Alexander Calder, ‘Untitled (from the Calder, Magie Eolienne portfolio)’, 1972, Rago/Wright
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Untitled (from the Calder, Magie Eolienne portfolio), 1972

Lithograph on Arches paper
25 1/2 × 19 1/2 in
64.8 × 49.5 cm
Edition 36/75
This is part of a limited edition set.
Bidding closed
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About the work
RW
Rago/Wright

This work is number 36 from the edition of 75 printed by Arte Adrian Maeght, Paris and published by …

Medium
Print
Signature
Signed and numbered to lower edge 'Calder 36/75'.
Alexander Calder
American, 1898–1976
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American artist Alexander Calder changed the course of modern art by developing an innovative method of sculpting, bending, and twisting wire to create three-dimensional “drawings in space.” Resonating with the Futurists and Constructivists, as well as the language of early nonobjective painting, Calder’s mobiles (a term coined by Marcel Duchamp in 1931 to describe his work) consist of abstract shapes made of industrial materials––often poetic and gracefully formed and at times boldly colored––that hang in an uncanny, perfect balance. His complex assemblage Cirque Calder (1926–31), which allowed for the artist’s manipulation of its various characters presented before an audience, predated Performance Art by some 40 years. Later in his career, Calder devoted himself to making outdoor monumental sculptures in bolted sheet steel that continue to grace public plazas in cities throughout the world.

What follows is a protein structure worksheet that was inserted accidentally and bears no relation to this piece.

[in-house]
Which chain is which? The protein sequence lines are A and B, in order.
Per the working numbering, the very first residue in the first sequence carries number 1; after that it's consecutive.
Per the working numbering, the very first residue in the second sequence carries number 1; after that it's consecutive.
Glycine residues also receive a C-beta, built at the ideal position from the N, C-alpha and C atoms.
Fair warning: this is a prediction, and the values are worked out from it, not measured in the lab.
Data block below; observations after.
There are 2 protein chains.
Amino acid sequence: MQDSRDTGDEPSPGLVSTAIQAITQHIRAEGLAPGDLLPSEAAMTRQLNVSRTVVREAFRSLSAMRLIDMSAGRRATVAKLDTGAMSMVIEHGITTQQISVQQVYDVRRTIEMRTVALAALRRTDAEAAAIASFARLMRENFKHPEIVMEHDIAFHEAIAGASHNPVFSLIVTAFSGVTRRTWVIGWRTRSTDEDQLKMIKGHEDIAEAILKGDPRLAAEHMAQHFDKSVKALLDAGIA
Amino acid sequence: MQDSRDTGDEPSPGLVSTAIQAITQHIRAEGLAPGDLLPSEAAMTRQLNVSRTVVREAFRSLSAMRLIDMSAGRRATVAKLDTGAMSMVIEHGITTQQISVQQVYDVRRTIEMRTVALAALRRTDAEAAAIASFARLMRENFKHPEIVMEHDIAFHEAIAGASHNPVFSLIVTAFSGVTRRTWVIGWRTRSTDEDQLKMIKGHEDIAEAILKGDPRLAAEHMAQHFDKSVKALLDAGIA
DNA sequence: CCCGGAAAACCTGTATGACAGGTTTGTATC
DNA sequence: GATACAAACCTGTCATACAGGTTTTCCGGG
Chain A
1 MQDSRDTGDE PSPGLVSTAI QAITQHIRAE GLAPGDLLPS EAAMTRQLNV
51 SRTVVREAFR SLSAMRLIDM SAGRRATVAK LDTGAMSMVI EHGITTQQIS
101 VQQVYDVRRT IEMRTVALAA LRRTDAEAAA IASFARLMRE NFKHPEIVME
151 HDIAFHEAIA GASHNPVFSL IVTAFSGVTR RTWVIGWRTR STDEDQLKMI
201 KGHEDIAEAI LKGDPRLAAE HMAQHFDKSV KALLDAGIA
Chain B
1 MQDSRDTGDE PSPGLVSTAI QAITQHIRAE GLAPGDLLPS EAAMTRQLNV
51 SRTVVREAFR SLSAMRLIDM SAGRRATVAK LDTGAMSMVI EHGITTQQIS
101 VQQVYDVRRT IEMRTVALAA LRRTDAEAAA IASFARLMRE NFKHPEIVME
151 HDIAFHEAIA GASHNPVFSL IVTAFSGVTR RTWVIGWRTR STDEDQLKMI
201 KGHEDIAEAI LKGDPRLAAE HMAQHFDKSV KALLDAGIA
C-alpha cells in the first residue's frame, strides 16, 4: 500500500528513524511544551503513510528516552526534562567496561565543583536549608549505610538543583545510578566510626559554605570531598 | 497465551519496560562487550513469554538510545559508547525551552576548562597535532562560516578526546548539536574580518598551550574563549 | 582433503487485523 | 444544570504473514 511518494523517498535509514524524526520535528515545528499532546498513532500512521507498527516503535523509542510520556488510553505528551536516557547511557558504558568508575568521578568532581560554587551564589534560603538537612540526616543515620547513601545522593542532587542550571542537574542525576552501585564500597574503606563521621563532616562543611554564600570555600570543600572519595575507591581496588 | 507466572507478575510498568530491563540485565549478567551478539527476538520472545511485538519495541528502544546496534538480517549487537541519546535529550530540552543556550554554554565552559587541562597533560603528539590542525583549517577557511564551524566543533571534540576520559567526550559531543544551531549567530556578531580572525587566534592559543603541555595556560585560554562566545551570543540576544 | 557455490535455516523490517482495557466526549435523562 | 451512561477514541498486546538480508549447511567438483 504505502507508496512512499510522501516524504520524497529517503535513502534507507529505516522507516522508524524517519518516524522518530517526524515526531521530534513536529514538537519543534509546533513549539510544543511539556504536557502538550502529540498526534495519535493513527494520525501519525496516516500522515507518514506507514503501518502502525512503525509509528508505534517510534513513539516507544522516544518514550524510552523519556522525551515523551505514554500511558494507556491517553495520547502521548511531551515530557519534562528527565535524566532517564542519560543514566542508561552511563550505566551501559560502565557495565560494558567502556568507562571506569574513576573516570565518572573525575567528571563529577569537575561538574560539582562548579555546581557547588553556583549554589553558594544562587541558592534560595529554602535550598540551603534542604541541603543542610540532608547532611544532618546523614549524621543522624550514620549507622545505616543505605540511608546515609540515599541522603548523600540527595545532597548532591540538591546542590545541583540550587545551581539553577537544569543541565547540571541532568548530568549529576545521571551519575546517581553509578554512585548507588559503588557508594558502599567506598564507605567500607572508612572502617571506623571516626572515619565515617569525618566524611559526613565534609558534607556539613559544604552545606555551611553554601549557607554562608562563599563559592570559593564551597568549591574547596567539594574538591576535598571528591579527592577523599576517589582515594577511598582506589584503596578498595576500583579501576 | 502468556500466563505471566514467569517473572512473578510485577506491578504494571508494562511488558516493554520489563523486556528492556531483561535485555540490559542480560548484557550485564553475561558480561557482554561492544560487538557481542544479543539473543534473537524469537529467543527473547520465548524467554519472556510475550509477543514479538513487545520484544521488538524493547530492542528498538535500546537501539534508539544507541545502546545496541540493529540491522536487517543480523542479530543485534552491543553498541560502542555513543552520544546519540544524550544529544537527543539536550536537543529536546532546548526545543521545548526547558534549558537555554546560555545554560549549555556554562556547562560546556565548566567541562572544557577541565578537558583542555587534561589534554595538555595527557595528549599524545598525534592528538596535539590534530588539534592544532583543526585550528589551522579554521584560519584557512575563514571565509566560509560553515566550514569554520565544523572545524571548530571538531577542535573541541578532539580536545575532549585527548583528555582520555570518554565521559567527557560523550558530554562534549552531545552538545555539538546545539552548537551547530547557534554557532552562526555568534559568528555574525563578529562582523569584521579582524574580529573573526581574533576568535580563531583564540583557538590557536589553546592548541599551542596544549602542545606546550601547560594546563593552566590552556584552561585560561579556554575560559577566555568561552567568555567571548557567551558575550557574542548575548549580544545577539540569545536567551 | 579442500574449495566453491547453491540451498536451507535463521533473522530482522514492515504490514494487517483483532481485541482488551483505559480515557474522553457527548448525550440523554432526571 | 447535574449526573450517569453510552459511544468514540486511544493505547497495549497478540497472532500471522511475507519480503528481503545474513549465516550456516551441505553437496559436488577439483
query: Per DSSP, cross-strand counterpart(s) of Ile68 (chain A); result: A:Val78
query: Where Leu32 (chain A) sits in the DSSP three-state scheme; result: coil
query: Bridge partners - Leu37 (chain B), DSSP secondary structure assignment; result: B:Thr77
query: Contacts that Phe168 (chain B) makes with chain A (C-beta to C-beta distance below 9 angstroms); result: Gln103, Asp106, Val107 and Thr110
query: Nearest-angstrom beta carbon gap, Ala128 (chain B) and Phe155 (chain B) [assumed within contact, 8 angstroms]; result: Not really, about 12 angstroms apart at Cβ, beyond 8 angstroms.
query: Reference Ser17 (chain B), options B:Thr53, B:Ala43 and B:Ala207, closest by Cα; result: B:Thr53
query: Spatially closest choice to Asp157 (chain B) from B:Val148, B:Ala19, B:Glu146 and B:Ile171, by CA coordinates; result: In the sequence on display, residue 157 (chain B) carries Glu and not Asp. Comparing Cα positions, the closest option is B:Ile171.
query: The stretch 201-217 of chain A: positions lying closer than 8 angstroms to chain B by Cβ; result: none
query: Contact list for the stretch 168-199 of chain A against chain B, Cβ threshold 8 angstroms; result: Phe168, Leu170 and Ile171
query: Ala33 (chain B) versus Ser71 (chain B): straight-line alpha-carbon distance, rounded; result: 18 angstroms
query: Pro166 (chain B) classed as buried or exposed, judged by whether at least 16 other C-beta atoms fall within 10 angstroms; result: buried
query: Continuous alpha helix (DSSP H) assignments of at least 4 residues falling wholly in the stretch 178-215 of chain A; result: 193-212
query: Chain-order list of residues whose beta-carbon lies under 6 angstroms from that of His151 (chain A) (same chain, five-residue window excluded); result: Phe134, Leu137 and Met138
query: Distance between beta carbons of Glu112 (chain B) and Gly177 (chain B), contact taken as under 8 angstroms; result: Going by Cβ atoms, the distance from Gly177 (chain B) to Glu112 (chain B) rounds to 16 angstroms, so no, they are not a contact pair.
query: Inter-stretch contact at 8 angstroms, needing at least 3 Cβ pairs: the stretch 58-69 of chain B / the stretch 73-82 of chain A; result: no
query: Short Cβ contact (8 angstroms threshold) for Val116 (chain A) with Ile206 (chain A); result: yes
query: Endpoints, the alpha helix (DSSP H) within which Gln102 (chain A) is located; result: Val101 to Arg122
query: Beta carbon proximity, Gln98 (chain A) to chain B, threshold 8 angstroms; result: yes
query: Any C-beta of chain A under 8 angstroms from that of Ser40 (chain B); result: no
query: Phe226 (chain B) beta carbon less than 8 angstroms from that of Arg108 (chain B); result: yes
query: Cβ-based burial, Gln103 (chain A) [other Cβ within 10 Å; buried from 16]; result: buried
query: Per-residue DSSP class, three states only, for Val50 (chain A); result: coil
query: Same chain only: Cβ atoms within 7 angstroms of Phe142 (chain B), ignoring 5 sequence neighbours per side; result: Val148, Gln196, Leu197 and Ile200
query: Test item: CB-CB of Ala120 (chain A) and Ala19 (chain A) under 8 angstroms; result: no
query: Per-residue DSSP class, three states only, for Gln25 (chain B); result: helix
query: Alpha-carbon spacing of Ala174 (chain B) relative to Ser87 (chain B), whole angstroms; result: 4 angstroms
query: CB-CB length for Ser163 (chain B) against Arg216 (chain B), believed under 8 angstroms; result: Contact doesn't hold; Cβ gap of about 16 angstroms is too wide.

Alexander Calder, ‘Untitled (from the Calder, Magie Eolienne portfolio)’, 1972, Rago/Wright
Save
Save
View
View in room
Share
Share
About the work
RW
Rago/Wright

This work is number 36 from the edition of 75 printed by Arte Adrian Maeght, Paris and published by Société Internationale d'Art XXe Siècle, Paris.

Medium
Print
Signature
Signed and numbered to lower edge 'Calder 36/75'.
Alexander Calder
American, 1898–1976
Follow

American artist Alexander Calder changed the course of modern art by developing an innovative method of sculpting, bending, and twisting wire to create three-dimensional “drawings in space.” Resonating with the Futurists and Constructivists, as well as the language of early nonobjective painting, Calder’s mobiles (a term coined by Marcel Duchamp in 1931 to describe his work) consist of abstract shapes made of industrial materials––often poetic and gracefully formed and at times boldly colored––that hang in an uncanny, perfect balance. His complex assemblage Cirque Calder (1926–31), which allowed for the artist’s manipulation of its various characters presented before an audience, predated Performance Art by some 40 years. Later in his career, Calder devoted himself to making outdoor monumental sculptures in bolted sheet steel that continue to grace public plazas in cities throughout the world.

Untitled (from the Calder, Magie Eolienne portfolio), 1972

Lithograph on Arches paper
25 1/2 × 19 1/2 in
64.8 × 49.5 cm
Edition 36/75
This is part of a limited edition set.
Bidding closed
Want to sell a work by this artist? Consign with Artsy.
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